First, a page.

Awareness effort targets transition to digital television
As the Feb. 17, 2009 deadline for the switch to digital-only TVbroadcasting approaches, the National Association of Broadcasters’effort to promote transition awareness of the transition isreaching almost everyone in the country – except 15 percent ofMississippians.
NAB Digital Television Transition Media Relations Manager LindaYun said a recent association survey of the 50 states showstransition awareness in Mississippi at 85 percent, lagging behindthe national average of 90 percent. NAB’s $1.2 billion advertisingand education campaign apparently has not penetrated into the homesof approximately 420,000 Mississippians.
“We’re hoping to get as much information as possible out to thepeople so they will know if they are affected by the transition andwhat they need to do to be ready,” Yun said.
To be ready, people who still gather their TV channels frombroadcast sources using antennae and rabbit ears will have toeither purchase a digital signal conversion box or a new TV withthe technology built in.
After all broadcasts go digital 11:59 p.m. on Feb. 17, thosestill trying to watch their favorite TV stations without thenecessary equipment will be unable to see the digital transmissionon their analog sets. The picture will show up as snowy static, Yunsaid.
People who subscribe to cable or satellite will not be affectedby the digital transition.
The transition was mandated in the Federal CommunicationsCommission’s Digital Television Transition and Public Safety Act of2005, a law designed to clear up the TV broadcast spectrum for useby emergency responders and officials, as well as provide highdefinition TV.
Since the government has demanded the transition, it will alsobe helping to cover the costs of the new equipment. The governmentis issuing $40 coupons, accepted at most retail outlets, that knockthe cost of most of the conversion boxes down to around $20.
From a financial standpoint, this is where Mississippi’s laggingawareness could take a toll.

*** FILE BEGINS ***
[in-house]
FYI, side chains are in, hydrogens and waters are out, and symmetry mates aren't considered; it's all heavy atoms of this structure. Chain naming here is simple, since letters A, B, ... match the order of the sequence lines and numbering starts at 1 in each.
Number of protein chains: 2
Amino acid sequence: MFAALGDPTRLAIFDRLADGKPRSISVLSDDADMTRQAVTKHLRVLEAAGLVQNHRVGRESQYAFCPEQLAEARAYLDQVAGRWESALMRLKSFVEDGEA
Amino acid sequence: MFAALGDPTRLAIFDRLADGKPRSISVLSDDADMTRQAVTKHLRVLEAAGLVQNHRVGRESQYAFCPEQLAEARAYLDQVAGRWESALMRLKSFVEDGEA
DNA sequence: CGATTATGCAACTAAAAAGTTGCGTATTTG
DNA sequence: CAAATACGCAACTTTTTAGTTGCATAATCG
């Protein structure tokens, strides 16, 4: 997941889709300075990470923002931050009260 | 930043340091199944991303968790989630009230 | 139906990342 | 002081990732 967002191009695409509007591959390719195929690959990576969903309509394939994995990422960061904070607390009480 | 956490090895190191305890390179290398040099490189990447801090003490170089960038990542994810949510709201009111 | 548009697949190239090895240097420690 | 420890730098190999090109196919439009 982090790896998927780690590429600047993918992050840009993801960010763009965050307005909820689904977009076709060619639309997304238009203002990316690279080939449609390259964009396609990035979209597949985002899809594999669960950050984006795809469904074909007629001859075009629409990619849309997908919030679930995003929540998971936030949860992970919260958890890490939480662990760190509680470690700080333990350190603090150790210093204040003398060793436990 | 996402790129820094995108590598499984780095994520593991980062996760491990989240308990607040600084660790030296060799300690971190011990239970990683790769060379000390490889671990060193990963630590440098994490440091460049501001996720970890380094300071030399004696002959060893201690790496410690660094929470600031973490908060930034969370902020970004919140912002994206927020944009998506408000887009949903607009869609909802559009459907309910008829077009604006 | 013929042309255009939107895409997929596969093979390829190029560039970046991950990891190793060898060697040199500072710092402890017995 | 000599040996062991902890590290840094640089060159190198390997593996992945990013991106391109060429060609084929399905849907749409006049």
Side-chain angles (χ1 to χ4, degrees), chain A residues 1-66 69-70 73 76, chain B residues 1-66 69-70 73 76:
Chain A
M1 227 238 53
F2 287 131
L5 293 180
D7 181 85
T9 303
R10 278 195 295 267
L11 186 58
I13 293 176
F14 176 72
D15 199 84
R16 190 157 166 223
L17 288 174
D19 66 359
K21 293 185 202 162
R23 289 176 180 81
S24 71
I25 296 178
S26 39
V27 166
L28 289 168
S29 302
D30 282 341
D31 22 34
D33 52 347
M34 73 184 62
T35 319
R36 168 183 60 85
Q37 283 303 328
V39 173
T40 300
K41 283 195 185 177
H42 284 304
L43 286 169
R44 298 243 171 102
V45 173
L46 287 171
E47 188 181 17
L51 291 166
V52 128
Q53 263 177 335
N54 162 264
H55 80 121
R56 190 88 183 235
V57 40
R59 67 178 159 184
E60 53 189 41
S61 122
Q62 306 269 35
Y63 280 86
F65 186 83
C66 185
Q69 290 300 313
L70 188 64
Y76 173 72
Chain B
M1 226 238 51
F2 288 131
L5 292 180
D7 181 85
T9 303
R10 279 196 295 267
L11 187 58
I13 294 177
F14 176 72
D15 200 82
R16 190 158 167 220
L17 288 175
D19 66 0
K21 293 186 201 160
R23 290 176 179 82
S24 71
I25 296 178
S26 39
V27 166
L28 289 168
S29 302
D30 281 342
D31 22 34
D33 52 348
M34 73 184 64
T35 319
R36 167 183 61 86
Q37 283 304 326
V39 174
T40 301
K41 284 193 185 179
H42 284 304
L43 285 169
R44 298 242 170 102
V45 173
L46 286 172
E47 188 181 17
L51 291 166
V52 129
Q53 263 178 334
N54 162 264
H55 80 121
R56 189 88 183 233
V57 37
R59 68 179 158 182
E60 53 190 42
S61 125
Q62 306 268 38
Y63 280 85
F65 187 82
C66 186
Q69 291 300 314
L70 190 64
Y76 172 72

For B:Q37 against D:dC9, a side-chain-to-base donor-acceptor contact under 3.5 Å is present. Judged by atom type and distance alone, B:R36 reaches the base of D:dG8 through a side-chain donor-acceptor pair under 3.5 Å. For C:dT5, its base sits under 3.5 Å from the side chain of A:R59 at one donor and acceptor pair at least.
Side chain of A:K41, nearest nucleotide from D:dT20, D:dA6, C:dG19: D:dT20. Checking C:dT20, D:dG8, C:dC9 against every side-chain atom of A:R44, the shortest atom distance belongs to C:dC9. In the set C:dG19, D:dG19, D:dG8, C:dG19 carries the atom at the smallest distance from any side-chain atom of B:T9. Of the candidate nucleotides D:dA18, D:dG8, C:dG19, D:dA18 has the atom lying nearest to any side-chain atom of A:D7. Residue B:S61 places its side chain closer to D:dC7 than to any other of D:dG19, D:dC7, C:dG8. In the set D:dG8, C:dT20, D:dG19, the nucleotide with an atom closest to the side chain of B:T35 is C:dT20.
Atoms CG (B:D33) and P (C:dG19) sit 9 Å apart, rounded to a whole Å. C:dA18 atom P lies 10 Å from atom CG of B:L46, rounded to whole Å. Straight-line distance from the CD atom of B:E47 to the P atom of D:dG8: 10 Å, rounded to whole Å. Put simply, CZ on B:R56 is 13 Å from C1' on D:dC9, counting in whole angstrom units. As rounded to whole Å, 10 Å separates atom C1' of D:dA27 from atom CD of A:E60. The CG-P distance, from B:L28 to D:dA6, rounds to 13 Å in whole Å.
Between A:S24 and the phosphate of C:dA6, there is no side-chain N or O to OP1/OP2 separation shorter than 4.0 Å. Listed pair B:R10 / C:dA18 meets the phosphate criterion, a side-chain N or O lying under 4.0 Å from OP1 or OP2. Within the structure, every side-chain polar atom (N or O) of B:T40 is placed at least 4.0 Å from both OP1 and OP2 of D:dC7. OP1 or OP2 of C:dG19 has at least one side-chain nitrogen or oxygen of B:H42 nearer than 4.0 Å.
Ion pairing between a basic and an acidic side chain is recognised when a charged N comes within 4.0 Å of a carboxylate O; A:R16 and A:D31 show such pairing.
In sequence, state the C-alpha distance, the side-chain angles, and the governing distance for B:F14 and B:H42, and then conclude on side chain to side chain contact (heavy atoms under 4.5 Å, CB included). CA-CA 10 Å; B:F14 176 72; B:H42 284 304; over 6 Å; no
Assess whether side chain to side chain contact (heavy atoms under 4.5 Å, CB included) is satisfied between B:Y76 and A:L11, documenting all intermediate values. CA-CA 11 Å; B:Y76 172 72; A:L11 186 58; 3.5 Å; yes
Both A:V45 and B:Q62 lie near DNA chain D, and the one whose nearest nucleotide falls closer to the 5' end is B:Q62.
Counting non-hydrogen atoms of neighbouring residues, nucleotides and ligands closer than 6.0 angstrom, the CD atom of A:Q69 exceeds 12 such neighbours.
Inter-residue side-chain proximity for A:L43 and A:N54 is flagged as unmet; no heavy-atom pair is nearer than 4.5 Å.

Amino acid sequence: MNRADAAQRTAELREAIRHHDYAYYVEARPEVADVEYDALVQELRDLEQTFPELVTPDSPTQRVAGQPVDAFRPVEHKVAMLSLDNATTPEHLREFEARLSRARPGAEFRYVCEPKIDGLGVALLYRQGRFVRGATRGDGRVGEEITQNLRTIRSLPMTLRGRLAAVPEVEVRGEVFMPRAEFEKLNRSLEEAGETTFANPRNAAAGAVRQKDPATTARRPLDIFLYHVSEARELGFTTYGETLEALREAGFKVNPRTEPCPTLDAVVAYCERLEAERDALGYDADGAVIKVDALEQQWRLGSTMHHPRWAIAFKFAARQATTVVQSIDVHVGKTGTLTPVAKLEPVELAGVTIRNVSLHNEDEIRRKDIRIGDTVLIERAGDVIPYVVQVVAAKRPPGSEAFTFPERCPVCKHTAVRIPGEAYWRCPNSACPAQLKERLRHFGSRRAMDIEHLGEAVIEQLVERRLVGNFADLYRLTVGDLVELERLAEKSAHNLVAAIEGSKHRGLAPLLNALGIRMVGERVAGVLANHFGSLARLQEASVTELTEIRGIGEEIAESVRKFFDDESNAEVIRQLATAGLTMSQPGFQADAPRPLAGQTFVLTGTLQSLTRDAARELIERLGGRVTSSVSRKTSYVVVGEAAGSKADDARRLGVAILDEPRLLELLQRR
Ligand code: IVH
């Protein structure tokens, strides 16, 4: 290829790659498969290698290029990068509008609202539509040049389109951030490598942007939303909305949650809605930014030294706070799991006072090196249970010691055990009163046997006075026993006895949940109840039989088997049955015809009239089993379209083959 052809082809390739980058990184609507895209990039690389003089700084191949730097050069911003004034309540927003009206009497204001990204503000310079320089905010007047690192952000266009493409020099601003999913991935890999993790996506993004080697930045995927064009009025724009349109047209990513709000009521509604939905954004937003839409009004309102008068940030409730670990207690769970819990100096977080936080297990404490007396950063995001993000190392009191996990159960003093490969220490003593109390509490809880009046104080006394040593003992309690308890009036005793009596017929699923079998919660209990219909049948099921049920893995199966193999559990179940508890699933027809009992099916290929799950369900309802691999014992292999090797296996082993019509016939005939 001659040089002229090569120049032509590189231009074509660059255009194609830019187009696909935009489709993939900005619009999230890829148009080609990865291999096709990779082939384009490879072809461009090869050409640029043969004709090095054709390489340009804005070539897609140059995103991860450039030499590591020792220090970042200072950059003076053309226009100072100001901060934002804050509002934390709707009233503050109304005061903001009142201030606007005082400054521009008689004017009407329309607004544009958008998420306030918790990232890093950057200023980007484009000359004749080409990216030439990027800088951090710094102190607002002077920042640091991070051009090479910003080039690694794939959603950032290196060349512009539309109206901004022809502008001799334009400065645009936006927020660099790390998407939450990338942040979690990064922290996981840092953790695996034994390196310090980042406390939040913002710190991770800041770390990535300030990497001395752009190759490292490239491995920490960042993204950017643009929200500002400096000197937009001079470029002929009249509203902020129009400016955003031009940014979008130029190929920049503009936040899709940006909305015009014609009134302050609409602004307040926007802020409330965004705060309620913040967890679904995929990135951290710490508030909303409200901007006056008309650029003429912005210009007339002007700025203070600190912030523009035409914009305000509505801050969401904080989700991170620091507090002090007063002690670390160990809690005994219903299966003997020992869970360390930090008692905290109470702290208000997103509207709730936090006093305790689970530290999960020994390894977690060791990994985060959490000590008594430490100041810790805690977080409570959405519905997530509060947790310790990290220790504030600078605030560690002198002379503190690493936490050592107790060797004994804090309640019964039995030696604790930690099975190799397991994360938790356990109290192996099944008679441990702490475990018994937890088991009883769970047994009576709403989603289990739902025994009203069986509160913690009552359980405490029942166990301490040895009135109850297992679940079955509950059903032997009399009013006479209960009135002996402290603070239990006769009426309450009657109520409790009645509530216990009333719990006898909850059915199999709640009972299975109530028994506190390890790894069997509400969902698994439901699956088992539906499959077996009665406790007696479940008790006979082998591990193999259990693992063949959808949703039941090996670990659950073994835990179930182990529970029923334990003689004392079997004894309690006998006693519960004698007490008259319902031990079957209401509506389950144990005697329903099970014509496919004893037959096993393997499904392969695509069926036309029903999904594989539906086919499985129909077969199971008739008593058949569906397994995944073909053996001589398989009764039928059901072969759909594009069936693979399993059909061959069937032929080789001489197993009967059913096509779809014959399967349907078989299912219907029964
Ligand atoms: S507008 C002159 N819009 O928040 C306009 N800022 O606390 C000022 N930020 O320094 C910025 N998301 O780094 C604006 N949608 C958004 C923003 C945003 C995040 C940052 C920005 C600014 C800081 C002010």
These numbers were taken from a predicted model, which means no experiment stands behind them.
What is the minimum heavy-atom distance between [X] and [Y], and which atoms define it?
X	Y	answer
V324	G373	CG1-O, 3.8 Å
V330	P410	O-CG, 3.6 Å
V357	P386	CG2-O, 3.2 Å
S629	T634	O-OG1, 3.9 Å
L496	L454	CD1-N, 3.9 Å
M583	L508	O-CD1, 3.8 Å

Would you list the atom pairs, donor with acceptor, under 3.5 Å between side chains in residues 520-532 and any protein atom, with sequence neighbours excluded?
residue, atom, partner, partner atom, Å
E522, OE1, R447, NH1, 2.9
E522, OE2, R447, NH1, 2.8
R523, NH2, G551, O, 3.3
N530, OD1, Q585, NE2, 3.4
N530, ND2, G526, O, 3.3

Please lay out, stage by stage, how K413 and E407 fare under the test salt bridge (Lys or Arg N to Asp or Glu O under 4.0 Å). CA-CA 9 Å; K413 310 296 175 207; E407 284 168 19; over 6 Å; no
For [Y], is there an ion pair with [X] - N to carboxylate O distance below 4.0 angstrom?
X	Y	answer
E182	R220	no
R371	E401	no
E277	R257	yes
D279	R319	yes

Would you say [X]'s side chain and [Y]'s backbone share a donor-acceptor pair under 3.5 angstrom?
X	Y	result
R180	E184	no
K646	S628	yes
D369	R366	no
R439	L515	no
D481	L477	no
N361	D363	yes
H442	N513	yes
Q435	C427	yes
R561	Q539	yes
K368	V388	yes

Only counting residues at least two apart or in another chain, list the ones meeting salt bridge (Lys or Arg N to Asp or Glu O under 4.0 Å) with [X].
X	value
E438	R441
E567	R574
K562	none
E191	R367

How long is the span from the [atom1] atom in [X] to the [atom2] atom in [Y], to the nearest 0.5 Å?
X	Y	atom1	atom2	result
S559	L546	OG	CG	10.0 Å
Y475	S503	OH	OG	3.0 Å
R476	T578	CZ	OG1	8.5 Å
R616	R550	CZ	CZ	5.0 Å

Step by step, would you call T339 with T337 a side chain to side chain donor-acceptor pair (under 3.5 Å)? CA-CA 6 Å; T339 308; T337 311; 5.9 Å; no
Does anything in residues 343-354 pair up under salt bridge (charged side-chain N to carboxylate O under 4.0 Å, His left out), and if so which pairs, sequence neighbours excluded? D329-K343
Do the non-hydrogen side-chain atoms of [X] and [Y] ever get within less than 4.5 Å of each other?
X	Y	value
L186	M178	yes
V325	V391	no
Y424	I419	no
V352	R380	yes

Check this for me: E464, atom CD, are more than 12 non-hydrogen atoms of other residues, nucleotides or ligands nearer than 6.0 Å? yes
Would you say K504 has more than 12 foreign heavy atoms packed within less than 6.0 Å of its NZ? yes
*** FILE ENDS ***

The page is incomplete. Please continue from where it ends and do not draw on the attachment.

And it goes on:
Of the 28.2 million coupons requested nationally thus far, Yunsaid approximately half are no longer valid. The $40 coupons areonly good for 90 days after issuance, and about 14 million peopleapparently have held their coupons too long.
People have only one shot at receiving the coupons.
“If they expire, you can’t reapply,” Yun said. “If you havecoupons that have expired, the government is encouraging people tohave friends, neighbors or family who don’t need coupons, but areeligible, to order them for you.”
People may apply for a coupon by visiting government’s Web siteat www.dtv2009.gov. Each household is allowed up to twocoupons.
Once a coupon expires, the $40 set aside for it goes back intothe National Telecommunications and Information Administration’smain fund – a good thing for the government, since coupons areabout to be made available to a larger number of thepopulation.
Yun said coupons would be available to residents of nursinghomes and people who have only post office boxes beginning Oct. 20,two segments of the population that have been erroneously excludedfrom the deal because of the definition of “household” thegovernment has used to issue the coupons.
“Digital TV is available now, so people don’t have to wait untilFebruary to go out and buy their boxes and hook them up,” Yun said.”We’re encouraging people to do it now – don’t be in a situationwhere you have an expired coupon.”
Representatives of two Brookhaven retailers said the conversionboxes have been popular items. At times, waiting lists have beenneeded.
“The demand is higher than the supply,” said Sears SalesAssociated Jessica Smith. “We don’t know when we’re going to getthem or what brand they’re going to be.”
Smith said her store receives shipments of the conversion boxessporadically, and most are sold immediately. Sears has sold morethan 50 of the devices since they began being shipped earlier thisyear, she said.
“We have a list – we put holds on them because people areworried they’re not going to get them,” she said.
Harvey Electronics Radio Shack Manager Kevin Harvey said hisstore has sold between 400 and 500 of the boxes this year, andalmost every shipment that comes in is already spoken for.
“Since we started selling them at the beginning of the year,we’ve had maybe 20 to put out on the shelf that weren’t spokenfor,” he said.
At one point, Harvey said the waiting list for the boxes was upto 150 names.
“They just couldn’t make them fast enough,” he said.
Harvey said the demand has slowed down in recent months, but heexpects it to pick up again as February approaches. His store sellsfour brands of the boxes at different prices, all of which arecoupon-eligible.
Neither Radio Shack nor Sears has experienced difficulty inaccepting and cashing in the coupons.